Mike Scott reports on how an industry that is a canary in the coal mine for climate change is adapting to become more resilient

Winemaking has always been affected by the weather and climate – it’s inherent in the phrase “a good vintage”. The quality of the wine can be affected by too much rain or not enough, temperatures that are too high or too low.

But recent extreme weather events around the world – from droughts and heatwaves to floods and prolonged, heavy rainfall – mean that sustainability is becoming ever more important to the sector.

“All seriously minded wine regions in the world today are entirely focused on sustainability. They have to be,” says Clare Tooley, a California-based Master of Wine working at Boisset’s Collection, which makes wine in Burgundy, the Rhone, Champagne, the South of France and California. 

If temperatures rise by 2C, viable wine-growing regions could shrink by more than half

France saw its smallest harvest since 1957 last year, which cost the industry around $2 billion in sales. One vineyard in Champagne produced nothing because of too much rain and a heatwave; normally it would send up to 50,000 bottles to market.

The California wildfires of 2020, and similar events from Australia to Argentina, from Portugal to Provence, Italy and Greece, not only destroy vines. The smoke from the fires can also ruin grapes up to 100 miles away, making the wine they produce undrinkable.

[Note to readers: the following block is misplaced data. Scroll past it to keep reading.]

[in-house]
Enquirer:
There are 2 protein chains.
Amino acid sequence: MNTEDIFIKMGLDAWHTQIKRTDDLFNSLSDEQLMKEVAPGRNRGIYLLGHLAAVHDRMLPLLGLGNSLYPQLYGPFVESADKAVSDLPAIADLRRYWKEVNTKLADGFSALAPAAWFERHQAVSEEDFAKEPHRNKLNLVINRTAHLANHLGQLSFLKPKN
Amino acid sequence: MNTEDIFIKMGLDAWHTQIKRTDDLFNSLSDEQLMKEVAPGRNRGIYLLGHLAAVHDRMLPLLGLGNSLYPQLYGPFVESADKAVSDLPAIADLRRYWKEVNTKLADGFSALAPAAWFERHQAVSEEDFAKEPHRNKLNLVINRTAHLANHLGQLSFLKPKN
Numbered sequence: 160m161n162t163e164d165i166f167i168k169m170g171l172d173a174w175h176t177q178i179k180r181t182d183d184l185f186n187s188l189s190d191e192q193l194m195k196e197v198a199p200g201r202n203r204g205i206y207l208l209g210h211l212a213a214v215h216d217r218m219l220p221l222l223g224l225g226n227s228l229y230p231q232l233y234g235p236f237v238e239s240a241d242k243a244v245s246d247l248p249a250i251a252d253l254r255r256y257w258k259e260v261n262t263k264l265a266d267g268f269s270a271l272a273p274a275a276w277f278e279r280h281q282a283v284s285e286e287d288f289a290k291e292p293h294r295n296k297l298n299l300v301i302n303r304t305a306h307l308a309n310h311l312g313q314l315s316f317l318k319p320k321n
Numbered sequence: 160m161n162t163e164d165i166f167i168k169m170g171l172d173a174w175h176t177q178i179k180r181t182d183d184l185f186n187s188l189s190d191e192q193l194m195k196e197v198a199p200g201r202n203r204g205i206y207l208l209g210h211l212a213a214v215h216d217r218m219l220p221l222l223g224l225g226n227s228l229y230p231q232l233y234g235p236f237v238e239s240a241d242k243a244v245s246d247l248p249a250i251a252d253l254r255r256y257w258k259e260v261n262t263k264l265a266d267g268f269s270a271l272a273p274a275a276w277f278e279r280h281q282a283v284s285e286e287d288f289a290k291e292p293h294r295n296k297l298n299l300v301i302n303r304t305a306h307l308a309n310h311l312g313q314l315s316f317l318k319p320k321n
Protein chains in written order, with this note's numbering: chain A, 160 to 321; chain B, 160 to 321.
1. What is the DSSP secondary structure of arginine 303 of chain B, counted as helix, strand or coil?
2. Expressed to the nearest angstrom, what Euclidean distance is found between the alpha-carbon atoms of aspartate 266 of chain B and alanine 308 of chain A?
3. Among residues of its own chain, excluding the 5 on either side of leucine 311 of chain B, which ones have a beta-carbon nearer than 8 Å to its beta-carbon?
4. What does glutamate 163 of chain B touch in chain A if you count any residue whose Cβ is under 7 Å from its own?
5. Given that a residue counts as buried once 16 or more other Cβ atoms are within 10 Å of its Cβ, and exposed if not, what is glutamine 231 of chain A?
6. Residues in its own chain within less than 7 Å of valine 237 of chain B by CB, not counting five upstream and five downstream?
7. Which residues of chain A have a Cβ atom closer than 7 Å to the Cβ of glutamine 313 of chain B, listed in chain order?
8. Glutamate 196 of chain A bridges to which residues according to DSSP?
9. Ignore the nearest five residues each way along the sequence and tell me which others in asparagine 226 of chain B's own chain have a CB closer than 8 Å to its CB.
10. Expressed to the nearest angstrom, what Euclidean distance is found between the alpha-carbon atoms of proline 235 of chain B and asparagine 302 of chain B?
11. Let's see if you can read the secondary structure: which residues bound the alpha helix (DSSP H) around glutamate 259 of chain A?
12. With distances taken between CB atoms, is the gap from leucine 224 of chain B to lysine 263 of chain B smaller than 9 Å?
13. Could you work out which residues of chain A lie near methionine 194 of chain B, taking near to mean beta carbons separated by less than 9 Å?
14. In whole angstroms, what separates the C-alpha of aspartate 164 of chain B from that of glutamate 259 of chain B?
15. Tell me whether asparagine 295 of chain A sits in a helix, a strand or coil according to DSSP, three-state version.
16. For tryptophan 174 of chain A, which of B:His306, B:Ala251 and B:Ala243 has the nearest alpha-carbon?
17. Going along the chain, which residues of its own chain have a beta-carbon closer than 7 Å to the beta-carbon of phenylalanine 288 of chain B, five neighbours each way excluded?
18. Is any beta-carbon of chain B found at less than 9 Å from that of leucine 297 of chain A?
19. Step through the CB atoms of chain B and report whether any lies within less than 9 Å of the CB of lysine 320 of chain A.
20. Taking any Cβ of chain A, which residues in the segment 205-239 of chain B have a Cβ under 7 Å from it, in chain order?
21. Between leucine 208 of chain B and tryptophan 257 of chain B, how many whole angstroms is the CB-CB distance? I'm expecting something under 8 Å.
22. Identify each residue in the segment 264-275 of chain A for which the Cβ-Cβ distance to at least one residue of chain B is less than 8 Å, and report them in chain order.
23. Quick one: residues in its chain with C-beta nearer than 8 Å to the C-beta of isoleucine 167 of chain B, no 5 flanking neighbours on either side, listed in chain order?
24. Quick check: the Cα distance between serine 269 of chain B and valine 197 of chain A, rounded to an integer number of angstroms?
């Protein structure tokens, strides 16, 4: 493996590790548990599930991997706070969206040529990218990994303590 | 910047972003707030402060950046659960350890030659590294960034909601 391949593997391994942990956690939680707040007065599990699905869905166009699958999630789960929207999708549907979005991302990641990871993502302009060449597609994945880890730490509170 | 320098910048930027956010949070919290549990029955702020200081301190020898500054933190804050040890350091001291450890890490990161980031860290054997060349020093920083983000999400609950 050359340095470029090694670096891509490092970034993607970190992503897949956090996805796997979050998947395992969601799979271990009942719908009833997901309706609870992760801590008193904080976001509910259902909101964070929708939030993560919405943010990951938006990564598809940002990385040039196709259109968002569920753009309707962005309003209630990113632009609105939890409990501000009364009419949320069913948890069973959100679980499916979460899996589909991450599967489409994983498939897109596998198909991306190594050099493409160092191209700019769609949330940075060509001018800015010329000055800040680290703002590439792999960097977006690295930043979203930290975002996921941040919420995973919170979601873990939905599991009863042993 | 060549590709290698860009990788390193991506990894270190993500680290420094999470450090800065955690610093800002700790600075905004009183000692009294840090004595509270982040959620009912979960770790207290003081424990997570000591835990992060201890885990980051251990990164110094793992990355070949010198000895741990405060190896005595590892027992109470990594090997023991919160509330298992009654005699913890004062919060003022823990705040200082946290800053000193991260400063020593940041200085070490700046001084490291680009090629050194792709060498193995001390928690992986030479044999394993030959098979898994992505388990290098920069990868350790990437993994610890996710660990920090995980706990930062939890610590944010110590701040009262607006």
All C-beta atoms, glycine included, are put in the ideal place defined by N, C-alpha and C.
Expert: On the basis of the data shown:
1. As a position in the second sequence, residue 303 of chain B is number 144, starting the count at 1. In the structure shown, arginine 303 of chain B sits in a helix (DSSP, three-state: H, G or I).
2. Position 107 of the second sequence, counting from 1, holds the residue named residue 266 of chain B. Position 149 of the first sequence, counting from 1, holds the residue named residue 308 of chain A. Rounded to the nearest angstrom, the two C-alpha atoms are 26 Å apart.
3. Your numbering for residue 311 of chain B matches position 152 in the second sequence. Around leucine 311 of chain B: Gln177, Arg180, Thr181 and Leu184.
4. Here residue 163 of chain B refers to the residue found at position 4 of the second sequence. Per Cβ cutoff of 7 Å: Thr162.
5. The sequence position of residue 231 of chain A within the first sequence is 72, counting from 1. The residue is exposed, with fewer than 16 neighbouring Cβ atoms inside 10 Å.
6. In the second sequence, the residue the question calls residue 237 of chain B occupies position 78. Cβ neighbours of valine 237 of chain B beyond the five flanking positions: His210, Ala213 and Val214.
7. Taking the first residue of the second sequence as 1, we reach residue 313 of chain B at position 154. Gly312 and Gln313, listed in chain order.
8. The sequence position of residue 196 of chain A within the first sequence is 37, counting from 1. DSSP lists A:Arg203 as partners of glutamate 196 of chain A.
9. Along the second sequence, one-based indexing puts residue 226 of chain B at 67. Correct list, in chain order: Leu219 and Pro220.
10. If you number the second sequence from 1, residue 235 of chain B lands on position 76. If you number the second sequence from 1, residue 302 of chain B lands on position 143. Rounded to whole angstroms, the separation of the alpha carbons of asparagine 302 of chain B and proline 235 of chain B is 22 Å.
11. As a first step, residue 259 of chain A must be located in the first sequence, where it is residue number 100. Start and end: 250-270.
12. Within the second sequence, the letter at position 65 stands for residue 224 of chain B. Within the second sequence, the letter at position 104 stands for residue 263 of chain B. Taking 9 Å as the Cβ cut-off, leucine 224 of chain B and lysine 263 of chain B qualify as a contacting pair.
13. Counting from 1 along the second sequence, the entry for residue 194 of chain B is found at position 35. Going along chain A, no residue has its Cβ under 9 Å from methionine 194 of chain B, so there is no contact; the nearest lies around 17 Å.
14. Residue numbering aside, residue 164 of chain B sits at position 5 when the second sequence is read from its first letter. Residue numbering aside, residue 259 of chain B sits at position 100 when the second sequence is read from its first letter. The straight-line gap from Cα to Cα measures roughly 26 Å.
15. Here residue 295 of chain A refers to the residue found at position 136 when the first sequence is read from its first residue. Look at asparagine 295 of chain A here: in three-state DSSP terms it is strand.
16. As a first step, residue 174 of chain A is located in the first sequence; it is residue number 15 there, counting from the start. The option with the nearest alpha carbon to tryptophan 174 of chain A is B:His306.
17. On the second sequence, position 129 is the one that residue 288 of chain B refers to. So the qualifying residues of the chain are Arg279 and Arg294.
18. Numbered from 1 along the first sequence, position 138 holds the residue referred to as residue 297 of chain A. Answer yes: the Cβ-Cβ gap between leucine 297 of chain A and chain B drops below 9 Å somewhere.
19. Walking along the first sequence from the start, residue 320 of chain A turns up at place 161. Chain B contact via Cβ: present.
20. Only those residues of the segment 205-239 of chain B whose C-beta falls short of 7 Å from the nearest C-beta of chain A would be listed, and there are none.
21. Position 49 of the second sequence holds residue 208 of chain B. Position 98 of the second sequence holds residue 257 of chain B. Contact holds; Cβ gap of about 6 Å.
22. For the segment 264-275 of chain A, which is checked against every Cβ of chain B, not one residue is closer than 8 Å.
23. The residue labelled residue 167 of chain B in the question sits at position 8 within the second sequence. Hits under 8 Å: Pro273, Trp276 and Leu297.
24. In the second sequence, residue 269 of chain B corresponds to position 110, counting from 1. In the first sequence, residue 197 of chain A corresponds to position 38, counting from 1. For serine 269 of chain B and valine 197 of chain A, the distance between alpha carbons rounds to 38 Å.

A study published in Proceedings of the National Academy of Sciences found that if temperatures rise by 2 degrees Celsius, viable wine-growing regions could shrink by more than half. Wine is an important indicator of the impacts of climate change because wine grapes are extremely sensitive to the changes in temperature and season that come with climate change. It could also help other agricultural sectors to adapt, in part because of its diversity – more than 1,100 different varieties are grown today, under a wide range of conditions — and partly because harvest data stretches back centuries. 

Xavier Amirault practices agroforestry methods at Clos des Quaterons in France's Loire Valley. (Credit: Xavier Amirault)

“In some ways, wine is like the canary in the coal mine for climate change impacts on agriculture, because these grapes are so climate-sensitive,” says the study’s co-author, Benjamin Cook from Columbia University’s Lamont-Doherty Earth Observatory and the NASA Goddard Institute for Space Studies.